In Portland, the use of federal law enforcement and Department of Homeland Security staff has spurred pushback and lawsuits questioning the federal government's authority to use broad policing powers.
During a Thursday briefing, Trump said Homeland Security and federal law enforcement have done a "fantastic job" to rein in the "radical left mob" in Portland.
He also referenced the "senseless violence that you see in Chicago, New York and Detroit ... where so many people are shot and so many people are killed."
"People elected me to help and to protect," Trump added.
Gov. Gretchen Whitmer and Attorney General Dana Nessel, both Democrats, responded Monday in a joint statement by criticizing Trump's efforts to "suppress the voices of those he doesn't agree with" as "un-American."
Whitmer said federal troops are not needed in Michigan.
"Quite frankly, the president doesn't know the first thing about Detroit," she said. "If he did, he would know that for nearly two months now, Detroiters have gathered to peacefully protest the systemic racism and discrimination that Black Americans face every day."
Whitmer's office has "no further updates to share," spokeswoman Chelsea Lewis said Thursday.
Trump is using his authority "as a cudgel to punish those who use their constitutionally guaranteed rights to express views he disagrees with," Nessel said.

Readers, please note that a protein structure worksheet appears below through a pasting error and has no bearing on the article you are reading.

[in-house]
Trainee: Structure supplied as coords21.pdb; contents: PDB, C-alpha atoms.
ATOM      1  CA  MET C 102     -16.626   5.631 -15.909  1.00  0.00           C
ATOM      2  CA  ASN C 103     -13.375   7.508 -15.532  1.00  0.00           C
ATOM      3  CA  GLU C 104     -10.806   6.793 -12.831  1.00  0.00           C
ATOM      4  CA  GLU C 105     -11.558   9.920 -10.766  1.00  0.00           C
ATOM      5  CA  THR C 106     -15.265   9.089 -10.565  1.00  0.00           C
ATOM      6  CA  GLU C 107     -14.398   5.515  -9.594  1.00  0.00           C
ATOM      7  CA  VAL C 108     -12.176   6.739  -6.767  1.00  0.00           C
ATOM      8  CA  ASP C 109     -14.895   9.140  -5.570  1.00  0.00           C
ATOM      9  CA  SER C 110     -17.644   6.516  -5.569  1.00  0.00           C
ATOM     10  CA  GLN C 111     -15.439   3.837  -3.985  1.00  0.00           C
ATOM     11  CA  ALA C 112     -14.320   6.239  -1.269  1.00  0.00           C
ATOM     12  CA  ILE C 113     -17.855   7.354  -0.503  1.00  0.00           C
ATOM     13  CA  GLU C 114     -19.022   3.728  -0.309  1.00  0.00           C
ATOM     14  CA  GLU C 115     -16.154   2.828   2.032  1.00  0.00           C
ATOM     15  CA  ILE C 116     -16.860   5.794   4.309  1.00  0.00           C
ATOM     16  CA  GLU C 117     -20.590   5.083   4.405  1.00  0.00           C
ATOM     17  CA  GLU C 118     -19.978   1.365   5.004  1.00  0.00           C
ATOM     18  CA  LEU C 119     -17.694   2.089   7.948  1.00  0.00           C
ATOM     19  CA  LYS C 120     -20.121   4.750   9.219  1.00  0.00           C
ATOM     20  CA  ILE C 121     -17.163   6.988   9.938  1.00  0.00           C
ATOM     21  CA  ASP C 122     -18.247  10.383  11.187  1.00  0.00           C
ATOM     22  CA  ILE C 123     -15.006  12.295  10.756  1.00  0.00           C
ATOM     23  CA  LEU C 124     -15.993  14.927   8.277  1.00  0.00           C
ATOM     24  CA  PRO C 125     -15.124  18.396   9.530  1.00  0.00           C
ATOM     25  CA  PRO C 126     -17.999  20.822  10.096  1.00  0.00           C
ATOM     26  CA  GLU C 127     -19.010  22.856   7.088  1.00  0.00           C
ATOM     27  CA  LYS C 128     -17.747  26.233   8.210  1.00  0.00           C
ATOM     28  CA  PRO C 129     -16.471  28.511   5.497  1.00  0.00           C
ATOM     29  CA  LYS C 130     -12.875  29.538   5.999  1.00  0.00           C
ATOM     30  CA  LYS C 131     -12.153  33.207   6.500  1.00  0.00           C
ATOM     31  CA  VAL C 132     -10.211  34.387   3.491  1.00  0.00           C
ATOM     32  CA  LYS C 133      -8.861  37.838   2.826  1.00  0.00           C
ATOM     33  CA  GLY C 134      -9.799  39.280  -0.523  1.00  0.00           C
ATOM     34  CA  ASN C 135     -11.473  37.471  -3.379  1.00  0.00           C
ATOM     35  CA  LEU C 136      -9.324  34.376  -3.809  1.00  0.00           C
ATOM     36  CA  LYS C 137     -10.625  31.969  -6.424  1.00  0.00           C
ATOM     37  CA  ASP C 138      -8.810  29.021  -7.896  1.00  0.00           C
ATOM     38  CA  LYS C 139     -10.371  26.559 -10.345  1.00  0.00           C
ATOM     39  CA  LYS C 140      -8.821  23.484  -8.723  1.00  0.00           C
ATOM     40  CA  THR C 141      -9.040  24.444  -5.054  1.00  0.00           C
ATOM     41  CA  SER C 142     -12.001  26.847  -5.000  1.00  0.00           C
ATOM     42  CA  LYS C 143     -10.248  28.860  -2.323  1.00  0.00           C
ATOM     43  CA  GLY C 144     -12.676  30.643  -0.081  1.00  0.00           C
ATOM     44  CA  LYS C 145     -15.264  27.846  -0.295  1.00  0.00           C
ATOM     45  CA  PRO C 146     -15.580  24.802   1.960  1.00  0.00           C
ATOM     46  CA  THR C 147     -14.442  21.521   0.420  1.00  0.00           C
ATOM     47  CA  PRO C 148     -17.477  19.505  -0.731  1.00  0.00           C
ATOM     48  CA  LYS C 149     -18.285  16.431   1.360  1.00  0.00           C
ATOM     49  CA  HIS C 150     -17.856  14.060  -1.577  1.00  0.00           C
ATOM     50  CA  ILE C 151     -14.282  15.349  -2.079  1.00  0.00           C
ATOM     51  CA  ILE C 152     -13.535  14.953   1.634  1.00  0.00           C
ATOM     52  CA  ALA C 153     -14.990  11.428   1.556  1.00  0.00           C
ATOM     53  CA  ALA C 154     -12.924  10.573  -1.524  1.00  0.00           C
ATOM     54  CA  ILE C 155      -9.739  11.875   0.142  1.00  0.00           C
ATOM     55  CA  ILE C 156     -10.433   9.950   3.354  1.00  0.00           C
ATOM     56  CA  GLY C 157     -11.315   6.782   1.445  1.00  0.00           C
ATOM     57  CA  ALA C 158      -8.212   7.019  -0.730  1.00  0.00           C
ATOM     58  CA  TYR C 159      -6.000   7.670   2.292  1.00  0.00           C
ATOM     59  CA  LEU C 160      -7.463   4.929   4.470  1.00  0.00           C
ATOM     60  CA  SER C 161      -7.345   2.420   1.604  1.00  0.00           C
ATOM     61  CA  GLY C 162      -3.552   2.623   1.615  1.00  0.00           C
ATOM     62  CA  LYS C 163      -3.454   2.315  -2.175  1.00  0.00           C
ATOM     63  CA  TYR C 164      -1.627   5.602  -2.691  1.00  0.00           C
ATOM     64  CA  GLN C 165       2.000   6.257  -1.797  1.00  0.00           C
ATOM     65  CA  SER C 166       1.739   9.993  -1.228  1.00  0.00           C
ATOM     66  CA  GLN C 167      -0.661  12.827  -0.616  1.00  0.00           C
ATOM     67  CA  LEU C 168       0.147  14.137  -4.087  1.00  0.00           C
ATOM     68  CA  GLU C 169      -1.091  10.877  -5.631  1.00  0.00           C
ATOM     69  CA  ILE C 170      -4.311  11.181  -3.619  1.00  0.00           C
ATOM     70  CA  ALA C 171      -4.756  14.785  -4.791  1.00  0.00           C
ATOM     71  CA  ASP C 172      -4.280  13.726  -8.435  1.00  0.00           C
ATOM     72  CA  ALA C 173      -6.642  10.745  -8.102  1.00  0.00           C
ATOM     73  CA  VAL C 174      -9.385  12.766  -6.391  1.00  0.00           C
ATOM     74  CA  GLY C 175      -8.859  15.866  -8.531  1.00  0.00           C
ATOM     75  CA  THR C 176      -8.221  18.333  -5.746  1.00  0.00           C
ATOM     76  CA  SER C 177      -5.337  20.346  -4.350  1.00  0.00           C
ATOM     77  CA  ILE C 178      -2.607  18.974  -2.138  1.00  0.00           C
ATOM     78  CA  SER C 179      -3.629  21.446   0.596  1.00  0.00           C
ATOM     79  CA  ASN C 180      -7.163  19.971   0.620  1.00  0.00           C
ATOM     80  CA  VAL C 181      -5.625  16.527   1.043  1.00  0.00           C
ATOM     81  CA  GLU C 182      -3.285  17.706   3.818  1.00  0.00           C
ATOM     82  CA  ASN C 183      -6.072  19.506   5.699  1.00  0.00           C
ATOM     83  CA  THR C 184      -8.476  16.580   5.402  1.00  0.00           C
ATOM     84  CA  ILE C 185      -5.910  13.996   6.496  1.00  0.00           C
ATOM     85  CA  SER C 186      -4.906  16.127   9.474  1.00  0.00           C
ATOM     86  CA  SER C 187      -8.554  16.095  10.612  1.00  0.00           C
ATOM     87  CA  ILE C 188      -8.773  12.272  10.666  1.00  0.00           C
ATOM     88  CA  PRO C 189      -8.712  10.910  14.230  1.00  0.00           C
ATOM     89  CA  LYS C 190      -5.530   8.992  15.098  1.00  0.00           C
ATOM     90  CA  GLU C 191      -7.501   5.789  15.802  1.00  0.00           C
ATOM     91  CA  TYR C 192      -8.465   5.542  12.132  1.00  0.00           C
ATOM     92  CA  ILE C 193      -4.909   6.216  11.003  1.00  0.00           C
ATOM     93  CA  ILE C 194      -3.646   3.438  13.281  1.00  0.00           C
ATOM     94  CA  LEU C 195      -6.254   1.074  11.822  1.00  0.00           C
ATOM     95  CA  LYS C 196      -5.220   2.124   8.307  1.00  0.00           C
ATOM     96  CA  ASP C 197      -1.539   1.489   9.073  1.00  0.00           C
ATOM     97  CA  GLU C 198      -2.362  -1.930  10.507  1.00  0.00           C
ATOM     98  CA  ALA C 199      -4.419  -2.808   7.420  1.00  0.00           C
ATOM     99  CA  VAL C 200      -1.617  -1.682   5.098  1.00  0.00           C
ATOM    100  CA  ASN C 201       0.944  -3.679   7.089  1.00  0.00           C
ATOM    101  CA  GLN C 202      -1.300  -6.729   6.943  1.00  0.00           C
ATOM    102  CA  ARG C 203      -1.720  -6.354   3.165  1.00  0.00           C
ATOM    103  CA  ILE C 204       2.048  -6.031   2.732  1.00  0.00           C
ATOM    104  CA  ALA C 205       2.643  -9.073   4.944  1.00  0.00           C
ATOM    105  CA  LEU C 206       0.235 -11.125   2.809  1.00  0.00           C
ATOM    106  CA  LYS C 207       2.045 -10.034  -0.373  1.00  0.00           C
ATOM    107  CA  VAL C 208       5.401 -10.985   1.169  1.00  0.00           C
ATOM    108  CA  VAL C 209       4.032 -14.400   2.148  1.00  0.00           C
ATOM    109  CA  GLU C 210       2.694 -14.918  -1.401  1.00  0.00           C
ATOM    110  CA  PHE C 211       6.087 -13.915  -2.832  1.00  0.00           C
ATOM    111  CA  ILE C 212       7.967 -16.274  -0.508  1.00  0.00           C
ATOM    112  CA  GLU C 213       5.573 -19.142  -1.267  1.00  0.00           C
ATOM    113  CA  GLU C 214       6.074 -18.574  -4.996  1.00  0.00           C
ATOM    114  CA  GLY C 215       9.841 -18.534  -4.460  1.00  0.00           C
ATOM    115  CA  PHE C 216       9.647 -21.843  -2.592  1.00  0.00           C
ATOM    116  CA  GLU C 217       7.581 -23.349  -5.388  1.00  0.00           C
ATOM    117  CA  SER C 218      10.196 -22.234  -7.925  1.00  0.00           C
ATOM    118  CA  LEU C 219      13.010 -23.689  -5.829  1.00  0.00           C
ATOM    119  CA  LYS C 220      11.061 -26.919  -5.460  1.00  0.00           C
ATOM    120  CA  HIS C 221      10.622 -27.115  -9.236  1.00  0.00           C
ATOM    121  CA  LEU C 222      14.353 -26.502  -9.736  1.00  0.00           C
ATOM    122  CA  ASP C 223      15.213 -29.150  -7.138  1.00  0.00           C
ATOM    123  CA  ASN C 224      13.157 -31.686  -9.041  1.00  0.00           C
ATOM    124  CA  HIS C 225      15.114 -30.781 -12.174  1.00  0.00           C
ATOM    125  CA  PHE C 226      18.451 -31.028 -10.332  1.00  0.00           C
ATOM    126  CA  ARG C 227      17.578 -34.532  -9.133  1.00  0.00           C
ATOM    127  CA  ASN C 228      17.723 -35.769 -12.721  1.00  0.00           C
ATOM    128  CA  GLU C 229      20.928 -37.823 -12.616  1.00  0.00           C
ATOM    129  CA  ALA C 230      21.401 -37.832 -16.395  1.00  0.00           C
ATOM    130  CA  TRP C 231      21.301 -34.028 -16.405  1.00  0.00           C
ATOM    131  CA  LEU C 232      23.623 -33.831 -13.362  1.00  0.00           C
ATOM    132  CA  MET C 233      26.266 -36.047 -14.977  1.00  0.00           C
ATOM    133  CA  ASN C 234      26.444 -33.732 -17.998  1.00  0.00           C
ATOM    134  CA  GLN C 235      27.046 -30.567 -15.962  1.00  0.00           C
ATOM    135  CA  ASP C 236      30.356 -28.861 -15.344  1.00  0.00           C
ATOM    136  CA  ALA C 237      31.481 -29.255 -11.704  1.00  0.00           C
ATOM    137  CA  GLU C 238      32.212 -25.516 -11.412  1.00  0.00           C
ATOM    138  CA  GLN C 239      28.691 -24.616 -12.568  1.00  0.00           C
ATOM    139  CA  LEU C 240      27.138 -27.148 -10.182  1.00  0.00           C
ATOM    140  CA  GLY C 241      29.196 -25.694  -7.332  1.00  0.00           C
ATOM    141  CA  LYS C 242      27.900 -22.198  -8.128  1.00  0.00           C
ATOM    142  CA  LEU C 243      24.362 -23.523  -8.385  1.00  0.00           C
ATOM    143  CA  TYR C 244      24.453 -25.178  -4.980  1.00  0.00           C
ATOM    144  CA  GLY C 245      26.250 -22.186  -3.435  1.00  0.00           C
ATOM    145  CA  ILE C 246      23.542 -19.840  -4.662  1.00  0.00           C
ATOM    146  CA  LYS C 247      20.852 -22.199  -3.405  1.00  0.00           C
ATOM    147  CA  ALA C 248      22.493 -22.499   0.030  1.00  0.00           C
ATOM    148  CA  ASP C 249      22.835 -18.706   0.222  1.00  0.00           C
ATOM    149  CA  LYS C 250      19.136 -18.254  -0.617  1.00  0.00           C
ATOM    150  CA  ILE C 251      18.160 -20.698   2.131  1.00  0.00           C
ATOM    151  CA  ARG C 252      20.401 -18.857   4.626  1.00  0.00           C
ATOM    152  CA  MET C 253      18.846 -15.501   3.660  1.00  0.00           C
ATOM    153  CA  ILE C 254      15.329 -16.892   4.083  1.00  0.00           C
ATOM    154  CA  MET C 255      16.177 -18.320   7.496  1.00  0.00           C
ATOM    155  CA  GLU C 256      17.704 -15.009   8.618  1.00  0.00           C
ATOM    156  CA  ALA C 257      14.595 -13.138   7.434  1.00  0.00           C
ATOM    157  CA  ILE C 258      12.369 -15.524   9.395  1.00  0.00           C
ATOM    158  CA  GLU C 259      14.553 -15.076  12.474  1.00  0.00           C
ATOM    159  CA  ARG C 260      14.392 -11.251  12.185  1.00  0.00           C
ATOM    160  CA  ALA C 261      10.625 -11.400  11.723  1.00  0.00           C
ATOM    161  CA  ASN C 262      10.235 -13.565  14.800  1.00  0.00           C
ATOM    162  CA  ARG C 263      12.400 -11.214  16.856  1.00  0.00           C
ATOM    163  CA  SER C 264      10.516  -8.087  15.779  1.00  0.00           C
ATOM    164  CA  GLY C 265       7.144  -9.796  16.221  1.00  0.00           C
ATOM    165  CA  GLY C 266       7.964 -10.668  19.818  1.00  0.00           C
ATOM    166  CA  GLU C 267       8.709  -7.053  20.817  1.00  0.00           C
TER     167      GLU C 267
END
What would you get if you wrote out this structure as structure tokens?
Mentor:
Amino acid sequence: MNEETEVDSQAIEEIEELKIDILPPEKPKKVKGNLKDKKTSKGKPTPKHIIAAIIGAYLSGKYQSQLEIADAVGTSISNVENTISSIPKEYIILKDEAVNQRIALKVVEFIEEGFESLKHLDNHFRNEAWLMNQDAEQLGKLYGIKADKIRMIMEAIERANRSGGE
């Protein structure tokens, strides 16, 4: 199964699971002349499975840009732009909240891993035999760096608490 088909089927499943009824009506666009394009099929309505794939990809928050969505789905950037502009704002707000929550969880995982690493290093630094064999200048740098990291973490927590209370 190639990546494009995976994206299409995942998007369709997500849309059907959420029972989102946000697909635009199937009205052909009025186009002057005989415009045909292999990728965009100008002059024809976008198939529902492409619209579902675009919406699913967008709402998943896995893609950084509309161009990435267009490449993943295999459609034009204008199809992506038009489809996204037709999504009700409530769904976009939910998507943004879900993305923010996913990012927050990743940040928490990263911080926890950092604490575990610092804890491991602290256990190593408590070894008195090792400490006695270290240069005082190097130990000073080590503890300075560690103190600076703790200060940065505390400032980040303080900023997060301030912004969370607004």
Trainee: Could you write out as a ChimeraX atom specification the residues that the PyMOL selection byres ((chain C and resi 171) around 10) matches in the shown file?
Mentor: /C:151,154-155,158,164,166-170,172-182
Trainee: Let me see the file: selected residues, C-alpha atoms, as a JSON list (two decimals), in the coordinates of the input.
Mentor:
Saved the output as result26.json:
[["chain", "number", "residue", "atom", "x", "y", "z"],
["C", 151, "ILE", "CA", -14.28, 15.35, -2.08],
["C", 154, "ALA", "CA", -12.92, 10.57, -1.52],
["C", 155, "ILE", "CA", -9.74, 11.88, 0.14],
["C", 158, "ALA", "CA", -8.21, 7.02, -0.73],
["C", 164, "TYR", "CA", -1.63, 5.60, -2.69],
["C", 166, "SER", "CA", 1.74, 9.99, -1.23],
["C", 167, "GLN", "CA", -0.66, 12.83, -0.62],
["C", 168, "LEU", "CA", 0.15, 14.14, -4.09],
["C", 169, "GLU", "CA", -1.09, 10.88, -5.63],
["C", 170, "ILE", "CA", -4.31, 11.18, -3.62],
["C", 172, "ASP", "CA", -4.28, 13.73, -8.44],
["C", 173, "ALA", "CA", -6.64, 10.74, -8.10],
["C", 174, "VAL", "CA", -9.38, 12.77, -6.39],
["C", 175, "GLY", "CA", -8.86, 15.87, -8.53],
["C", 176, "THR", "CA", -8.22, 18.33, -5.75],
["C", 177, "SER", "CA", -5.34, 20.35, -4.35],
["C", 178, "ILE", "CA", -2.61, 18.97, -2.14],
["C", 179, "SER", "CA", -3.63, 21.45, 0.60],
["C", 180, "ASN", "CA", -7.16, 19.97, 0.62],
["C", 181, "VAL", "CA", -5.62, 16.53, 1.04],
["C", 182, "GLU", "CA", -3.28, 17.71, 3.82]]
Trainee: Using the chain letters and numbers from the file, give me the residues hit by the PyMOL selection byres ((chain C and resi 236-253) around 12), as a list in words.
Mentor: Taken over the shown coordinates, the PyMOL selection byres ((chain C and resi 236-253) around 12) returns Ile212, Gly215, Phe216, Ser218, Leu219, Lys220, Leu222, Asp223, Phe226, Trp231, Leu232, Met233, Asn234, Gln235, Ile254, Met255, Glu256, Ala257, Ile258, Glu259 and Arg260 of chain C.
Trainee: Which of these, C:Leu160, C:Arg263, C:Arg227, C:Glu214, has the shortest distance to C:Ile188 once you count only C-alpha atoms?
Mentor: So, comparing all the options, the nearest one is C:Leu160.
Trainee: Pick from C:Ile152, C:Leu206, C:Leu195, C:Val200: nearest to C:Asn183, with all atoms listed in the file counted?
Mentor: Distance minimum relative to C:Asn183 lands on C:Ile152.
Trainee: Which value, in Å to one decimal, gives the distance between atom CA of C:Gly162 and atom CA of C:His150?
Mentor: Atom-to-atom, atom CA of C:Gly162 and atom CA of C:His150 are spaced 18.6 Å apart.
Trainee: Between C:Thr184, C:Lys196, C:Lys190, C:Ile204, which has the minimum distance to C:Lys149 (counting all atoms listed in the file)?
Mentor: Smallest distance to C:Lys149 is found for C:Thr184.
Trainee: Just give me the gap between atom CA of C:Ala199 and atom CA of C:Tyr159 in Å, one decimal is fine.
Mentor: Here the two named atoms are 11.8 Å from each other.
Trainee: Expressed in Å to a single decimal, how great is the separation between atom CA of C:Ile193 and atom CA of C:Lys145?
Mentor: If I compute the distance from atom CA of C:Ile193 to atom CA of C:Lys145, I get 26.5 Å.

Schneider said he's "absolutely supportive" of what Trump is doing for Detroit and struck back against the notion that a federal surge will be bad for the city.
"If people in the state realized what the help was for and realized it's not what is being explained by some of our leaders, then they would support it as well," he said. "I am rolling out the red carpet for them. This is my way of responding to the defund-the-police movement. I'm working very hard to bring extra money to police and lock up people who pull the triggers."
The Justice Department usually sends agents under its own umbrella, like agents from the Bureau of Alcohol, Tobacco, Firearms and Explosives or the Drug Enforcement Agency. But this surge effort will include at least 100 Department of Homeland Security Investigations officers working in the region who generally conduct drug trafficking and child exploitation investigations.
Duggan said Detroit would welcome support from the federal government if it means adding more extra gun prosecutors in the U.S. Attorney’s office and more efforts by ATF to get illegal guns off the street.
Staff Writer Mark Hicks and Associated Press contributed